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Why Palestine papers didn't spark outrage against Abbas's government

But the Palestine papers published by Al Jazeera have further dented Abbas's already low credibility, calling into question his ability to negotiate a lasting peace deal.

Palestinian Fatah supporters shout slogans during a rally supporting Palestinian President Mahmoud Abbas in the West Bank city of Nablus Thursday in the wake of documents released by Al Jazeera. The documents, which Al Jazeera has called the 'Palestine Papers,' show Palestinian officials offering big concessions in negotiations on issues such as the fate of Jerusalem and Palestinian refugees in past rounds of peace talks.

Abed Omar Qusini/Reuters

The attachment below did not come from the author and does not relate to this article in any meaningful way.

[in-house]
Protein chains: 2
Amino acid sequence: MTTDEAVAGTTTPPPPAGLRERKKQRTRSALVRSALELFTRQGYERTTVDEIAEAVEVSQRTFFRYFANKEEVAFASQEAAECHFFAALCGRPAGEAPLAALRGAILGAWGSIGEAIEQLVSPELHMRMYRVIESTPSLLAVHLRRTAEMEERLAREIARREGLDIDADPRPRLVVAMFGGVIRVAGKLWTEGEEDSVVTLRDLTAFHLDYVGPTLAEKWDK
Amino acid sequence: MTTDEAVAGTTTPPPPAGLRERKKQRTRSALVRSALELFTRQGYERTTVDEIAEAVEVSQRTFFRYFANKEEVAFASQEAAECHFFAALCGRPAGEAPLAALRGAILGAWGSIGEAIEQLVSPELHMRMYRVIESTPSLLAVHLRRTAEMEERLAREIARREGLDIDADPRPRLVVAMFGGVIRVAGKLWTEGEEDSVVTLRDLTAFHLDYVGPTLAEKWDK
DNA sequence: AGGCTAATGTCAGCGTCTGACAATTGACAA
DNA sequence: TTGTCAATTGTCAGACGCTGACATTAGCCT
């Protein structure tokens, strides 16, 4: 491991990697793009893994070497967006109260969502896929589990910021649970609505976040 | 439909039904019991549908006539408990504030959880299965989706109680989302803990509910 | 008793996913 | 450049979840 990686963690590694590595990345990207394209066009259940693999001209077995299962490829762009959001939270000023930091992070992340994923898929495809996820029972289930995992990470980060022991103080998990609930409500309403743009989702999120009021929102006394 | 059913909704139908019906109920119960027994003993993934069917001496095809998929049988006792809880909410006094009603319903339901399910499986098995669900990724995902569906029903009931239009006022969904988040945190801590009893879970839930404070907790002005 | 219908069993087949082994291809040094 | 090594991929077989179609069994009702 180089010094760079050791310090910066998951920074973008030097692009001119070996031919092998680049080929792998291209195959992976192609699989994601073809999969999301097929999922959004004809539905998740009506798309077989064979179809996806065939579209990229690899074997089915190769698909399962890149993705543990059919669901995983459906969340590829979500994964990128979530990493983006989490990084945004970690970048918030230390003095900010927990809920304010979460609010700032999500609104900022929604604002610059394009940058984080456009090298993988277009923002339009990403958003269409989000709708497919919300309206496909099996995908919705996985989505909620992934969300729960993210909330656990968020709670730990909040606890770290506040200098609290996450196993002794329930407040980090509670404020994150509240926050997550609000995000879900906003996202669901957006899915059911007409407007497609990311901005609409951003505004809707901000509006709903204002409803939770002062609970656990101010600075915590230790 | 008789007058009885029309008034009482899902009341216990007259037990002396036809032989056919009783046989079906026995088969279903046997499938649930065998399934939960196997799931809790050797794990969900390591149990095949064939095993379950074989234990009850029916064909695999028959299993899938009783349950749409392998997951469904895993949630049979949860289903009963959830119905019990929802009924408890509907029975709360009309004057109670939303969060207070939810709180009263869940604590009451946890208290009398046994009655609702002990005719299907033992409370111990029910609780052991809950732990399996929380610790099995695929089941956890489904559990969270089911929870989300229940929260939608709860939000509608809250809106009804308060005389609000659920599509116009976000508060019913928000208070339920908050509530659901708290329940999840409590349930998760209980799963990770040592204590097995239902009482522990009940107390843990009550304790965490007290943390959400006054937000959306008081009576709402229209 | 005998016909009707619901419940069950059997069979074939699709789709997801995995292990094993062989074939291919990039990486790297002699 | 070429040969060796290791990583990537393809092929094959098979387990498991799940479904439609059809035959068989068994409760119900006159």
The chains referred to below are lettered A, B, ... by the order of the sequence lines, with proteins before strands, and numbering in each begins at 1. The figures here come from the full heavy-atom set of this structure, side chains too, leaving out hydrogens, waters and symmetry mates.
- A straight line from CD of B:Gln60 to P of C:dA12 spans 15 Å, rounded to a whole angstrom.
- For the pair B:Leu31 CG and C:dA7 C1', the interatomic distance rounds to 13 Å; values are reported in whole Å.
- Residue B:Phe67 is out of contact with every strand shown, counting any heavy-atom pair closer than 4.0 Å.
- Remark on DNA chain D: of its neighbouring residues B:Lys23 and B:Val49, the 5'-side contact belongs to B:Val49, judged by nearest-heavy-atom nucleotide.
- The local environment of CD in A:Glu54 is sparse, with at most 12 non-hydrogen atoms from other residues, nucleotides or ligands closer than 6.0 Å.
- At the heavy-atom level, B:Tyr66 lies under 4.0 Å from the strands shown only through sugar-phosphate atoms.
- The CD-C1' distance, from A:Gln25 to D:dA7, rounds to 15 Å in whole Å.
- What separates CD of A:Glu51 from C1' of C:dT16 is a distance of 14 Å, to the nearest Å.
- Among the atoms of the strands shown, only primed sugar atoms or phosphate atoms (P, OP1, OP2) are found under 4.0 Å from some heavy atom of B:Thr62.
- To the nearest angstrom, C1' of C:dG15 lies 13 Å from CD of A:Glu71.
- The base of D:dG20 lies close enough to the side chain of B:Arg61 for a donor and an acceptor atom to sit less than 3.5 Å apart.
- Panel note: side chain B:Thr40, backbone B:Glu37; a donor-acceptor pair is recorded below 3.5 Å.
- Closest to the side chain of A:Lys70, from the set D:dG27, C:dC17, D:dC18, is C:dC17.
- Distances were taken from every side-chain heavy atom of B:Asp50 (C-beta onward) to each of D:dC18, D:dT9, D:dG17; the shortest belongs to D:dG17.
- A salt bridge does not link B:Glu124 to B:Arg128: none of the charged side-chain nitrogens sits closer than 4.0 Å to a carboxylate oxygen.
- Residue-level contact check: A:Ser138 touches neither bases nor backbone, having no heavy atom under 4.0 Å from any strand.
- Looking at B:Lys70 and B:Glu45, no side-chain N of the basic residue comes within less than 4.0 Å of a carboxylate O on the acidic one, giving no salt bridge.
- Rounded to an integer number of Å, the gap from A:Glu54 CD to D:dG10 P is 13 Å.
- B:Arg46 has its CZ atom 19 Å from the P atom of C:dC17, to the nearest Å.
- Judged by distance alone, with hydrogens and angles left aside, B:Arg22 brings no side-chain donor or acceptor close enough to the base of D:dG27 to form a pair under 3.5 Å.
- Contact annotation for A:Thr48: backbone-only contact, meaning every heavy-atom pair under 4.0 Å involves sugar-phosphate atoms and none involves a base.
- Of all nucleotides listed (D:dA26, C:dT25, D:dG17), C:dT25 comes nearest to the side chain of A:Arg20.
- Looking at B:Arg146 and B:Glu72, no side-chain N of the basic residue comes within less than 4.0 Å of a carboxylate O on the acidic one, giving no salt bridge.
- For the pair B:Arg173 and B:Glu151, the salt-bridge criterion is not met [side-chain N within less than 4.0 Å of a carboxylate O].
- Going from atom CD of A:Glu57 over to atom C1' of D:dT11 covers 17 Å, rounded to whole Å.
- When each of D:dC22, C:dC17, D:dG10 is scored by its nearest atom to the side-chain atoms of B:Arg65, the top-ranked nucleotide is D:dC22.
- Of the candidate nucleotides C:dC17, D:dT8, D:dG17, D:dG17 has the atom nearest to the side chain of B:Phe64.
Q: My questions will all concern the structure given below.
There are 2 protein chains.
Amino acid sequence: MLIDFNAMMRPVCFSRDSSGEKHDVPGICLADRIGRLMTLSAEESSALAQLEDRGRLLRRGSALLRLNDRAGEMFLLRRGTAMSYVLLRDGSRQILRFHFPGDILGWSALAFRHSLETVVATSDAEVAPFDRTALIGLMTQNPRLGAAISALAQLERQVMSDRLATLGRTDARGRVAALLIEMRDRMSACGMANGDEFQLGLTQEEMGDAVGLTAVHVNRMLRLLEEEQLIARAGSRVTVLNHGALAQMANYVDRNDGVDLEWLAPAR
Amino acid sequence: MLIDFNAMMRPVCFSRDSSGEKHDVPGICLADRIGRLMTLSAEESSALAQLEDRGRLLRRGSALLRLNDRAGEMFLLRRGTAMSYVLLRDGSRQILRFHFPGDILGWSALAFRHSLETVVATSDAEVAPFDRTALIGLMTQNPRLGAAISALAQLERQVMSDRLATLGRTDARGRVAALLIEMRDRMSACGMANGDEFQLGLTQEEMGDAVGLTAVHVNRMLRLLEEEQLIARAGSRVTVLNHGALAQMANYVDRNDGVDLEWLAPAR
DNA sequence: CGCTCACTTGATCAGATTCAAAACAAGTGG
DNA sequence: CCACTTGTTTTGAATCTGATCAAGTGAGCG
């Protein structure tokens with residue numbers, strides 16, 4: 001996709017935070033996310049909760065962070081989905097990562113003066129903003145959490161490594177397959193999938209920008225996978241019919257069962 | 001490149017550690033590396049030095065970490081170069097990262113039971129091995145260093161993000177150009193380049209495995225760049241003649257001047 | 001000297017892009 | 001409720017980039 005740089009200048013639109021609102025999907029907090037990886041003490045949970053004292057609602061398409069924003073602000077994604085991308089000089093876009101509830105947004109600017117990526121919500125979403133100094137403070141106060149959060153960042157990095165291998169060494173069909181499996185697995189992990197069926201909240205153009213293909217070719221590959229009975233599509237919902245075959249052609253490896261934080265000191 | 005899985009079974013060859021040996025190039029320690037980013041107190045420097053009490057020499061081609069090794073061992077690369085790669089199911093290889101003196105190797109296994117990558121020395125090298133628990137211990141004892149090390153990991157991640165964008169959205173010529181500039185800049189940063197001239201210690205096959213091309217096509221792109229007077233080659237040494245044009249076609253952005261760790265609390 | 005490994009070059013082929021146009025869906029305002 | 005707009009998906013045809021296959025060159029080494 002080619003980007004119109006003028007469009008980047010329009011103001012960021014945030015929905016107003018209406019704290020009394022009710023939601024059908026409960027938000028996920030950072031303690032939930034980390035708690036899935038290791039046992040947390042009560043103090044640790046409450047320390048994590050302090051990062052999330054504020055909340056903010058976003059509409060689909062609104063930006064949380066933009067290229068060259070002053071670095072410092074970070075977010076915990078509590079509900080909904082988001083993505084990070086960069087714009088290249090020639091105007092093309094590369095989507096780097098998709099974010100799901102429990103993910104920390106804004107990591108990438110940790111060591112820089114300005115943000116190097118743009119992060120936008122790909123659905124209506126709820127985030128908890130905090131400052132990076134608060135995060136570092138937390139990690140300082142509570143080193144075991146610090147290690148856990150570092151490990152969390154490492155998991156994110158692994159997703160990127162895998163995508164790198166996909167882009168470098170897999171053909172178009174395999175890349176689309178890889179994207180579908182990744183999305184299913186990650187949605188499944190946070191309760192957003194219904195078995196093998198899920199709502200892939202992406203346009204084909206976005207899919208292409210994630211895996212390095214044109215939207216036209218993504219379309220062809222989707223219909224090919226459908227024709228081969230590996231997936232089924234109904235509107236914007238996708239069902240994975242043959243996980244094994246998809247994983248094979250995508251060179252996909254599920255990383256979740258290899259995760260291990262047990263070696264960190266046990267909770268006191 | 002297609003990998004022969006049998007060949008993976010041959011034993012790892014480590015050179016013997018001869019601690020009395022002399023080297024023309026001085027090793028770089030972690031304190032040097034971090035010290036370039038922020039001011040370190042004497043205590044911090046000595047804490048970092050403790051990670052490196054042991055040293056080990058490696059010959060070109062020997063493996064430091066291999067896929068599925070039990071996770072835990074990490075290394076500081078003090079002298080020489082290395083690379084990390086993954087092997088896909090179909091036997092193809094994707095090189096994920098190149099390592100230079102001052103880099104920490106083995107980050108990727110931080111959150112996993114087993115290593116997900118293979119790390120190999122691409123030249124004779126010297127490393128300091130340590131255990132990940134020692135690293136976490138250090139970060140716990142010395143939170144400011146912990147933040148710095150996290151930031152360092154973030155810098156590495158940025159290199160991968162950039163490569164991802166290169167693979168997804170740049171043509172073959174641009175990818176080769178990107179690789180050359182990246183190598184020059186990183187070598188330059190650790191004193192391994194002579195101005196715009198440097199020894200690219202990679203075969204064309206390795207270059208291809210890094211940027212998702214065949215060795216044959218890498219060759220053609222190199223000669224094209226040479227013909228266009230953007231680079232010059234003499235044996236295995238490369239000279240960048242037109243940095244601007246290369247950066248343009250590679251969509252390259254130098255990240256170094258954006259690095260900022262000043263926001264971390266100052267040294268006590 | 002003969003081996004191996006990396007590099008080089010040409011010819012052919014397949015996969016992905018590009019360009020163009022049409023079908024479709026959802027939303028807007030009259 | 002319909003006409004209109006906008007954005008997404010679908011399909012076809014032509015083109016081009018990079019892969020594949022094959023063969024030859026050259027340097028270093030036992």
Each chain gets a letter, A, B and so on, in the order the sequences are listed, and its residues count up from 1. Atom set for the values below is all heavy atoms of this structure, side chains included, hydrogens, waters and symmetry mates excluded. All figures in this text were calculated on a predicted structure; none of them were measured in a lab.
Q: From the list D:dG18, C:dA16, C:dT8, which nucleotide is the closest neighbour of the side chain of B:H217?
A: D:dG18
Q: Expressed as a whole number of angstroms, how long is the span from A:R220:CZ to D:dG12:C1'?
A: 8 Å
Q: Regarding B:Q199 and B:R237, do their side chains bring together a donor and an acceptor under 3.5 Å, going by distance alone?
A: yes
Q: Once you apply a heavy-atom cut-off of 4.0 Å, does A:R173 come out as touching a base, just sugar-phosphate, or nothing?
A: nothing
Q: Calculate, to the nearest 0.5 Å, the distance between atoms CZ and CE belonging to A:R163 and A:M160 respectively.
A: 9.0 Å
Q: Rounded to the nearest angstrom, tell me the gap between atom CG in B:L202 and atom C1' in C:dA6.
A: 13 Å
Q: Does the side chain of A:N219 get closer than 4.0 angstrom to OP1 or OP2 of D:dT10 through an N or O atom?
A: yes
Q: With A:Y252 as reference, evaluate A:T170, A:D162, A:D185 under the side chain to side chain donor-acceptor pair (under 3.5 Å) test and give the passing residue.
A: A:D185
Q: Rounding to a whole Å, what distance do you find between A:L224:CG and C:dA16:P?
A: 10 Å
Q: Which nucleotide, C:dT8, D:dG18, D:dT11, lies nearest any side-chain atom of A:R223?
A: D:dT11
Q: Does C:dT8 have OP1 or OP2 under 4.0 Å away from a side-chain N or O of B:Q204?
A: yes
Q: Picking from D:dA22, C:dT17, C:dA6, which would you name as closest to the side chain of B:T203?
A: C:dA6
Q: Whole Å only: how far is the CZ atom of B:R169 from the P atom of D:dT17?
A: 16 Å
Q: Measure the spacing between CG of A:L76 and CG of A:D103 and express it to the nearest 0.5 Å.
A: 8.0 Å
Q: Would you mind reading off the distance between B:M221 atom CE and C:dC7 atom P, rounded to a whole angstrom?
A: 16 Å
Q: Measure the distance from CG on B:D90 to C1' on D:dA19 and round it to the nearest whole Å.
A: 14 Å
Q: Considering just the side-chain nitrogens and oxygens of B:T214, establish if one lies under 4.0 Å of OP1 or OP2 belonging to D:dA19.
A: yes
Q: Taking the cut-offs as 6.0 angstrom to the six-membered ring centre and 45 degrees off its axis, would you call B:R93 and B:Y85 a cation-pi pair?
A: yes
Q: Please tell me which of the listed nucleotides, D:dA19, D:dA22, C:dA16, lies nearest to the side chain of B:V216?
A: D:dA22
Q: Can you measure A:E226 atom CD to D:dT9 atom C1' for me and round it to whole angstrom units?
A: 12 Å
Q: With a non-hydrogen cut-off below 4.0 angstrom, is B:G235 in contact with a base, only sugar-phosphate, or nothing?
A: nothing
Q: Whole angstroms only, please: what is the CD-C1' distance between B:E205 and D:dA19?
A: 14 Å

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With the winds of anti-government sentiment spreading across the Middle East, Al Jazeera's leak of the Palestine papers this week threatened to undermine the increasingly weak Palestinian Authority president, Mahmoud Abbas.

The news channel's exposé of far-reaching Palestinian peace concessions to Israel on Jerusalem, refugees, and borders failed to spark outward public outrage, spurring relief among President Abbas' aides. But the muted response of everyone from shopkeepers and businessmen in the West Bank belies a deeper erosion of support for Mr. Abbas, who has staked his career on negotiating peace with Israel.

While the West has embraced Abbas's willingness to make concessions such as those outlined in the recently leaked documents, he has struggled to gain the same credibility in Palestinian eyes as his predecessor Yasser Arafat, the revolutionary guerrilla who fought for a Palestinian state for decades.


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